By SHEENA DELAZIO
April 18, 2013
WILKES-BARRE — With his existing defense team intact, double murder suspect Hugo Selenski will stand trial on June 24, a county judge said Thursday.
But the sister of homicide victim Tammy Fassett says she is not going to hold her breath for the trial that has been delayed many times over the years. “In two weeks, it’ll be 11 years (since Fassett was murdered),” said Lisa Sands of Meshoppen. “My sister would say: ‘Hang on. Be strong.’”
The scheduled trial date came after a nearly four-hour hearing, which included a closed-door discussion between a judge and Selenski’s attorney regarding the defense attorneys’ claim they haven’t been paid for their recent pretrial work and a request to be taken off the case.
Selenski, 39, of Kingston Township, is awaiting trial in connection with the May 3, 2002 deaths of Michael Kerkowski and Fassett, both 38. Their bodies were unearthed from the property where Selenski was living in June 2003.
Two weeks ago, Selenski’s attorneys, Shelley Centini and Edward Rymza, filed court papers seeking to be taken off Selenski’s case, stating they hadn’t been paid since October and never signed up for pro bono work.
“We have to stop working if we’re not being paid,” Centini told Judge Fred Pierantoni on Thursday. “We’re being forced into servitude.”
Pierantoni responded by saying the two attorneys have been “compensated handsomely” for their defense work, and that although he set a final cap — three different times — Pierantoni said he never said he wouldn’t entertain another request for payment for “extraordinary circumstances.”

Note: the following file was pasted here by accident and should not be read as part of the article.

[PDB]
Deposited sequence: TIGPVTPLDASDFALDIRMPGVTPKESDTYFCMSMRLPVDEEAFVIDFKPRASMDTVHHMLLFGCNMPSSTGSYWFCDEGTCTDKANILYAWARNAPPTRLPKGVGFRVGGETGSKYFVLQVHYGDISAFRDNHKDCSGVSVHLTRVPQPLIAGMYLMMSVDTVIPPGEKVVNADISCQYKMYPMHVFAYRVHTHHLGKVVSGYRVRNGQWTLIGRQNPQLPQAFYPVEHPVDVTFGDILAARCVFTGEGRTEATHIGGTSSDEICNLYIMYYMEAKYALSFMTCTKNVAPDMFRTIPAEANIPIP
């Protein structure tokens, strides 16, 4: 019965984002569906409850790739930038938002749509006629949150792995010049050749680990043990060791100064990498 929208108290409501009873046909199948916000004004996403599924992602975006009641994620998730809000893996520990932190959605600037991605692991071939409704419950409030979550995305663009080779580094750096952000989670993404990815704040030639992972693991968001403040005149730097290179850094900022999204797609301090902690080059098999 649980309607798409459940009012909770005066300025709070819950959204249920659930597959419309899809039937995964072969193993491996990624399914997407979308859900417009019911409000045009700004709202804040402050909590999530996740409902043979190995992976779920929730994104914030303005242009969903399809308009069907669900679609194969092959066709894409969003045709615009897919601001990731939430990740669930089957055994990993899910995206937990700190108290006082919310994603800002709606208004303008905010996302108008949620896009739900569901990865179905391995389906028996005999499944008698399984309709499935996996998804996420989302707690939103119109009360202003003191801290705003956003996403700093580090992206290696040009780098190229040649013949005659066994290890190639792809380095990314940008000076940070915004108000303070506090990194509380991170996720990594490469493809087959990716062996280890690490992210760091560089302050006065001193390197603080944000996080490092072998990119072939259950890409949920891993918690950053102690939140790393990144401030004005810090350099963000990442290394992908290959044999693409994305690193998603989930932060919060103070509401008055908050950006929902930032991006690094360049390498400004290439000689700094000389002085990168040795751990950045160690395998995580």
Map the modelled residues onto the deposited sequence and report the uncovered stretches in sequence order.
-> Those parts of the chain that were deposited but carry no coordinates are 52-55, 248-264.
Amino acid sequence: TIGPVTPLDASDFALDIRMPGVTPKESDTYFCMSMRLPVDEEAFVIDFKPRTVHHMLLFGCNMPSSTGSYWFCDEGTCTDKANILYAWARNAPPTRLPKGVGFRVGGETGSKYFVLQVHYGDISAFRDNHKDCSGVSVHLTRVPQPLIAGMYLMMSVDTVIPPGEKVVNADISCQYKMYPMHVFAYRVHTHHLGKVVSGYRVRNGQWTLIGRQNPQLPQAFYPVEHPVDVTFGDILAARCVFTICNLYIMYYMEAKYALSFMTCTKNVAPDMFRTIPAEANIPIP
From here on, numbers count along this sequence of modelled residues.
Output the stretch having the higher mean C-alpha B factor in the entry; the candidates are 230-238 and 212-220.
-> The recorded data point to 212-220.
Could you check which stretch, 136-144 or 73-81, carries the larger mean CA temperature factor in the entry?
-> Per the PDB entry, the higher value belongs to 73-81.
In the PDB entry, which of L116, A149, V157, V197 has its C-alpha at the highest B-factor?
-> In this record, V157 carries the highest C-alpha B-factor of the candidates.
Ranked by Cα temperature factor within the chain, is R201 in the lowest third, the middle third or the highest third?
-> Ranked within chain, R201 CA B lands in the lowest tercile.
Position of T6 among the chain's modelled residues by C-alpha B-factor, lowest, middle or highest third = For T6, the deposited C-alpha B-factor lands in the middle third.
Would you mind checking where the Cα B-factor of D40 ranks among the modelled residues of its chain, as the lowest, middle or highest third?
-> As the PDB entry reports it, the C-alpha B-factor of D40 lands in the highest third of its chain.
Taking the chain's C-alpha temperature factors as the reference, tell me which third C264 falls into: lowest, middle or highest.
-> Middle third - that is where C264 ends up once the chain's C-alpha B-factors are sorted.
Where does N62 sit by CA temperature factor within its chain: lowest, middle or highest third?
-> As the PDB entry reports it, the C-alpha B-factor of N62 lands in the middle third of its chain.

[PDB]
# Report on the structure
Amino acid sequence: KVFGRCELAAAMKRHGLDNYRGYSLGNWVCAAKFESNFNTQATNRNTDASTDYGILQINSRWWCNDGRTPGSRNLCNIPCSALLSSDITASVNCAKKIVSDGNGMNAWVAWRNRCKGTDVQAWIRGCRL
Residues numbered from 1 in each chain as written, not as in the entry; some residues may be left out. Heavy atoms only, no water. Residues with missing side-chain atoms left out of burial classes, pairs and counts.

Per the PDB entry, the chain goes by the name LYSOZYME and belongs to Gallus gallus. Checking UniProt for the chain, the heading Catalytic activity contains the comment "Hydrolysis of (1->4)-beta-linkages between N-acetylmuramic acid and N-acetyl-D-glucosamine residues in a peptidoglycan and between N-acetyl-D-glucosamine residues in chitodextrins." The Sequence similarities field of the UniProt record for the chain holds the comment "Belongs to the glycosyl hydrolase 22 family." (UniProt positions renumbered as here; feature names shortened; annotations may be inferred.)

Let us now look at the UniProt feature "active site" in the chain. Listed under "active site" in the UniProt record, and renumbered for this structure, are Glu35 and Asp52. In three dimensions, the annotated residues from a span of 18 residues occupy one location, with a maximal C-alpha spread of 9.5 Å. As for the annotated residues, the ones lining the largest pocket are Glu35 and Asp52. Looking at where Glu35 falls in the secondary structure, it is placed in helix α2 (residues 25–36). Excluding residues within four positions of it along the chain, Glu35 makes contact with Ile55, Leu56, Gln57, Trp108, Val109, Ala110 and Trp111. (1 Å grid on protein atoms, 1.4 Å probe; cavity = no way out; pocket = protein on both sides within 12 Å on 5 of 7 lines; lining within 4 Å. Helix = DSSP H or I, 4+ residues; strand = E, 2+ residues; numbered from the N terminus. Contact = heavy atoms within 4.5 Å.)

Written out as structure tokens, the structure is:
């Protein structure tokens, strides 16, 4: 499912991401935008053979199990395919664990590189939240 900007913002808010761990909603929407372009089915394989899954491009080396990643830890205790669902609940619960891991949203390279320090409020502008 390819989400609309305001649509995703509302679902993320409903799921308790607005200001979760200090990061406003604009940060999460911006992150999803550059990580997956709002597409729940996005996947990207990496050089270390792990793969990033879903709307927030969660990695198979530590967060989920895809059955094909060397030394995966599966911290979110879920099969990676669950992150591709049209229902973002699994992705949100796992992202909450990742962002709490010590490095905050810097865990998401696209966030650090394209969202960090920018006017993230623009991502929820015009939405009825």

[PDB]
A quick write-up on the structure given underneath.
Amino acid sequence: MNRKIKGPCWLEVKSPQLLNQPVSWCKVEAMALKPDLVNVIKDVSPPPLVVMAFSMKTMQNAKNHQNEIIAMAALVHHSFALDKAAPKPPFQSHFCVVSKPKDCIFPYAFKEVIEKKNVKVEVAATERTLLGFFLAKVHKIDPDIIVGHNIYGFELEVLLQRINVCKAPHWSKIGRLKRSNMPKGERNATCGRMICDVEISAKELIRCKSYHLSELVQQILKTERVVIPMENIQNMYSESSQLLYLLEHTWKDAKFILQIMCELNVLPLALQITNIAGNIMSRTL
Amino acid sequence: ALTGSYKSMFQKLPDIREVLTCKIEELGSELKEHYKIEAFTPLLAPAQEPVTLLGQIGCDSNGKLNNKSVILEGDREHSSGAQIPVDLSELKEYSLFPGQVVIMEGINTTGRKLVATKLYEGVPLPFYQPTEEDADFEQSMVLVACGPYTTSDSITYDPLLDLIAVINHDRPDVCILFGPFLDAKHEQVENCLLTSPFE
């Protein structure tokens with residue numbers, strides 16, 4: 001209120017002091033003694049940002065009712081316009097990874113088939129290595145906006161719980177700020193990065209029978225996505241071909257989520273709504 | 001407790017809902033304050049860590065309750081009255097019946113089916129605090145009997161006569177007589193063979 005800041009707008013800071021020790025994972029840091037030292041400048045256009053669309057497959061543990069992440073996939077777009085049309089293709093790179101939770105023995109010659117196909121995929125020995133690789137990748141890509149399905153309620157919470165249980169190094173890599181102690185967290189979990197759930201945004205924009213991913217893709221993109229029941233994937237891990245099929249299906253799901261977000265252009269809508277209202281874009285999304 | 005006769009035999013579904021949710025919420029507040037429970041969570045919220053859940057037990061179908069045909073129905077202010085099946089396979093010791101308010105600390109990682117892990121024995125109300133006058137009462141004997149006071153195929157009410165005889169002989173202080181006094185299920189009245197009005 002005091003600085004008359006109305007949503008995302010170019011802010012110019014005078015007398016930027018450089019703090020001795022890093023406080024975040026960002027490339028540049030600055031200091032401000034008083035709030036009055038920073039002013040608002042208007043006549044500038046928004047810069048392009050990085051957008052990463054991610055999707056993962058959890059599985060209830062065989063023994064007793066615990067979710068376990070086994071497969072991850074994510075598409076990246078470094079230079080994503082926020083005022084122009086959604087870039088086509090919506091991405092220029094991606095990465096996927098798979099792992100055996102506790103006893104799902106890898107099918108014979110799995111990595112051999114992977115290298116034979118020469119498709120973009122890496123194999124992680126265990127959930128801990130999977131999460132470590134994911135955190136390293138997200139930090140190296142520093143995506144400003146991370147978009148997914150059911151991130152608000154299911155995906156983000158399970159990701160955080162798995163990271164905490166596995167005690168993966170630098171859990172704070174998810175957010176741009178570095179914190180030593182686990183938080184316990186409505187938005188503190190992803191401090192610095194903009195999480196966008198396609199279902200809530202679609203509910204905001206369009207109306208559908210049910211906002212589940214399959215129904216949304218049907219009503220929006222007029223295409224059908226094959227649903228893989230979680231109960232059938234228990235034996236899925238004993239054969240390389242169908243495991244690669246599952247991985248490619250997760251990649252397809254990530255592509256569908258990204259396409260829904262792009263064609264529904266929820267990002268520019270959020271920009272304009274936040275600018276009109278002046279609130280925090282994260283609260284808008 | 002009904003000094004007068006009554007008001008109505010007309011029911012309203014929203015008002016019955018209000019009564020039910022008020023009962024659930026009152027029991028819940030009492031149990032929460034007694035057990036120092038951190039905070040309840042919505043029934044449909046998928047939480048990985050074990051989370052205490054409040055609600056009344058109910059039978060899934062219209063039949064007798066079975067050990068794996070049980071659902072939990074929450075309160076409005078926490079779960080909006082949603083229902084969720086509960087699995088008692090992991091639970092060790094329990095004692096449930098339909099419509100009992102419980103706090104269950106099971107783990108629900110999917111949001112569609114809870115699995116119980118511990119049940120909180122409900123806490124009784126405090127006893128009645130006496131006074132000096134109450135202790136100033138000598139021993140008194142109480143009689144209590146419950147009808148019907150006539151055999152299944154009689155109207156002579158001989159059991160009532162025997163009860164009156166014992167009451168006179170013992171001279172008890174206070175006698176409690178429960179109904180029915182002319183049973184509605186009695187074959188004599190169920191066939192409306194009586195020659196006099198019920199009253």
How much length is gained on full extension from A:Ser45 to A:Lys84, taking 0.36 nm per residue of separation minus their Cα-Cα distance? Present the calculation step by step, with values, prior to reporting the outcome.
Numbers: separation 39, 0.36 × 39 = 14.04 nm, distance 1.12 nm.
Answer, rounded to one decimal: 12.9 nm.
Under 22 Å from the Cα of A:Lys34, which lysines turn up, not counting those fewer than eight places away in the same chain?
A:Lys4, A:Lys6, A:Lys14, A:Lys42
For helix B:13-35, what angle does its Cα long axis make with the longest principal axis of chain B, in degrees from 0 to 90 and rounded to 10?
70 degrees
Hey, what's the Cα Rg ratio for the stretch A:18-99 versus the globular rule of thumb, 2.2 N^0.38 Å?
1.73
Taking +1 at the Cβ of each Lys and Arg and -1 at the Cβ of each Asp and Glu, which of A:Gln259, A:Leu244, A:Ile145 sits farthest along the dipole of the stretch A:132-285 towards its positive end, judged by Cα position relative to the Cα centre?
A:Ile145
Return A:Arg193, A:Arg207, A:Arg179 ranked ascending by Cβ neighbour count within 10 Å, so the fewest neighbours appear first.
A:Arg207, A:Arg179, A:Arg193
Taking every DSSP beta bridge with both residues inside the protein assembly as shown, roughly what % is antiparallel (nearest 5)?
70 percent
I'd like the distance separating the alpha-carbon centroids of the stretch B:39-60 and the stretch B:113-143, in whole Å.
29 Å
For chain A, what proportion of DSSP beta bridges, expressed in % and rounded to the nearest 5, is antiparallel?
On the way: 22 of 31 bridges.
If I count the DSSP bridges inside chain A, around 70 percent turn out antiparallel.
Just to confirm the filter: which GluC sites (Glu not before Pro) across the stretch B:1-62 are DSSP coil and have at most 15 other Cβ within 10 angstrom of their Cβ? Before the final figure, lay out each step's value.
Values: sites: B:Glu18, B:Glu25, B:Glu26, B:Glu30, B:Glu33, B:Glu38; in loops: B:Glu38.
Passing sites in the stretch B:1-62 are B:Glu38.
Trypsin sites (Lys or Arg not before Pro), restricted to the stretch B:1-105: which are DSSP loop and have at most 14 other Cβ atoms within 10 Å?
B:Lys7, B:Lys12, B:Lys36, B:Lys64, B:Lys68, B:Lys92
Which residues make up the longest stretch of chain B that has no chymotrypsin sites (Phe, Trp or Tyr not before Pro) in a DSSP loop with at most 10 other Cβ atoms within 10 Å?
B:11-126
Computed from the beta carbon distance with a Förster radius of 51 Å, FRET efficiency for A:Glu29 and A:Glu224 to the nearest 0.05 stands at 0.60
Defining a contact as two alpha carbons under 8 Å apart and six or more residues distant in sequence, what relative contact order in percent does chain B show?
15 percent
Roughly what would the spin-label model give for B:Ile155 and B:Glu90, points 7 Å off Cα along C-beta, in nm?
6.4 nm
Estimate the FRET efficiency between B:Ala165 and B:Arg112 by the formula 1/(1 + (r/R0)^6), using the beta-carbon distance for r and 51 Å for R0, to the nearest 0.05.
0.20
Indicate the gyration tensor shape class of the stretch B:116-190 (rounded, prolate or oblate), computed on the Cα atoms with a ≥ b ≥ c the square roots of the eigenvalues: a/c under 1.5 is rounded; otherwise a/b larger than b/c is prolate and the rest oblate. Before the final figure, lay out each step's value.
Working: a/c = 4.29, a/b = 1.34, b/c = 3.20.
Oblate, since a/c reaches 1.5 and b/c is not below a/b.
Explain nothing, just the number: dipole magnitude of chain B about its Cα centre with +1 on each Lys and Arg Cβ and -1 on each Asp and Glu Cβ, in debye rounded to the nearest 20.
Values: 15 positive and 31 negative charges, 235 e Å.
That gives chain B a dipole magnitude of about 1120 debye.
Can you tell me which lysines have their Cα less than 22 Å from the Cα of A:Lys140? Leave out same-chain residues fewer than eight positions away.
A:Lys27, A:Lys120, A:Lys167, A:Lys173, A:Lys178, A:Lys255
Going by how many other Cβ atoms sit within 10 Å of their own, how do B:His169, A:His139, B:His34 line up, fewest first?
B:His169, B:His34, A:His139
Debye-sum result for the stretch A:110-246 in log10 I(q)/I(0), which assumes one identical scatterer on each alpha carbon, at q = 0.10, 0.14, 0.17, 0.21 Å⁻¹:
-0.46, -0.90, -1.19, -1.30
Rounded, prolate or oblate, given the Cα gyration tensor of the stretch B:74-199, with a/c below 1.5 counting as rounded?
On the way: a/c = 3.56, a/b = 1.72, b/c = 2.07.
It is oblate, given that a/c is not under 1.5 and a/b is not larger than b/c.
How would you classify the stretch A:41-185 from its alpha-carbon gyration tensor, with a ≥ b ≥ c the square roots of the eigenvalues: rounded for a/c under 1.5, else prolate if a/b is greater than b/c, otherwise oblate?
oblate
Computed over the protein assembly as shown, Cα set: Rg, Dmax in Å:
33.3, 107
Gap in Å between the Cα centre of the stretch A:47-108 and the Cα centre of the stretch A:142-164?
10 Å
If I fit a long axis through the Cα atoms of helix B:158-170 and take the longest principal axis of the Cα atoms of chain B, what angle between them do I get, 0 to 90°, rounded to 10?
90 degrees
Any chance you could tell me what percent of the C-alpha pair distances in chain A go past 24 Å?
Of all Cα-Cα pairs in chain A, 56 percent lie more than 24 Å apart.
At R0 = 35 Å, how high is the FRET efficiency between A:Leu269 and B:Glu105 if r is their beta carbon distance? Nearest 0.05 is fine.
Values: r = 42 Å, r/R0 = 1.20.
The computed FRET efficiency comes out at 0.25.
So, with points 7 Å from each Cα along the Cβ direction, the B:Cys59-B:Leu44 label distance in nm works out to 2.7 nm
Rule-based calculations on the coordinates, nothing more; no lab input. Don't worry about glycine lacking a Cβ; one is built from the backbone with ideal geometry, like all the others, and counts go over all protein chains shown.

Both attorneys would not disclose in open court the amounts they have been paid, but records from the Luzerne County Controller’s Office show $90,869 has been paid to Centini since she was appointed by the court in January 2012.
Centini and Rymza argued Thursday the non-payment for their representation affects not only them, but also their private law firms and the employees and clients who rely on them. The attorneys noted they are being paid significantly less to represent Selenski than they would charge a private client.
Centini told Pierantoni she had a “list” of reasons why she and Rymsza were seeking additional funds, and requested a private hearing with Pierantoni. By law, the hearing is closed to the public and prosecutors because the discussion includes defense strategy.
After an hour, Pierantoni returned to the courtroom, where Centini said she was withdrawing the request to be taken off the case and would put into motion the withdrawal of an appeal to the state Superior Court regarding the non-payment issue — signaling an agreement regarding compensation.
Selenski said Thursday while leaving the Luzerne County Courthouse that he is glad a trial date has been scheduled and is confident the trial will begin June 24.
In addition to a trial date, Pierantoni also scheduled a hearing for May 16 to address an outstanding request by defense attorneys regarding a claim of misconduct by prosecutors.
Centini and Rymsza said in court papers filed in December that prosecutors obtained medical and psychiatric records of Selenski, even though at no time during the course of the case has Selenski made either his mental or physical health an issue.
Court papers say prosecutors obtained the records in August and have been holding the “ill-gotten gains” silently and “intentionally” issued subpoenas to obtain the records.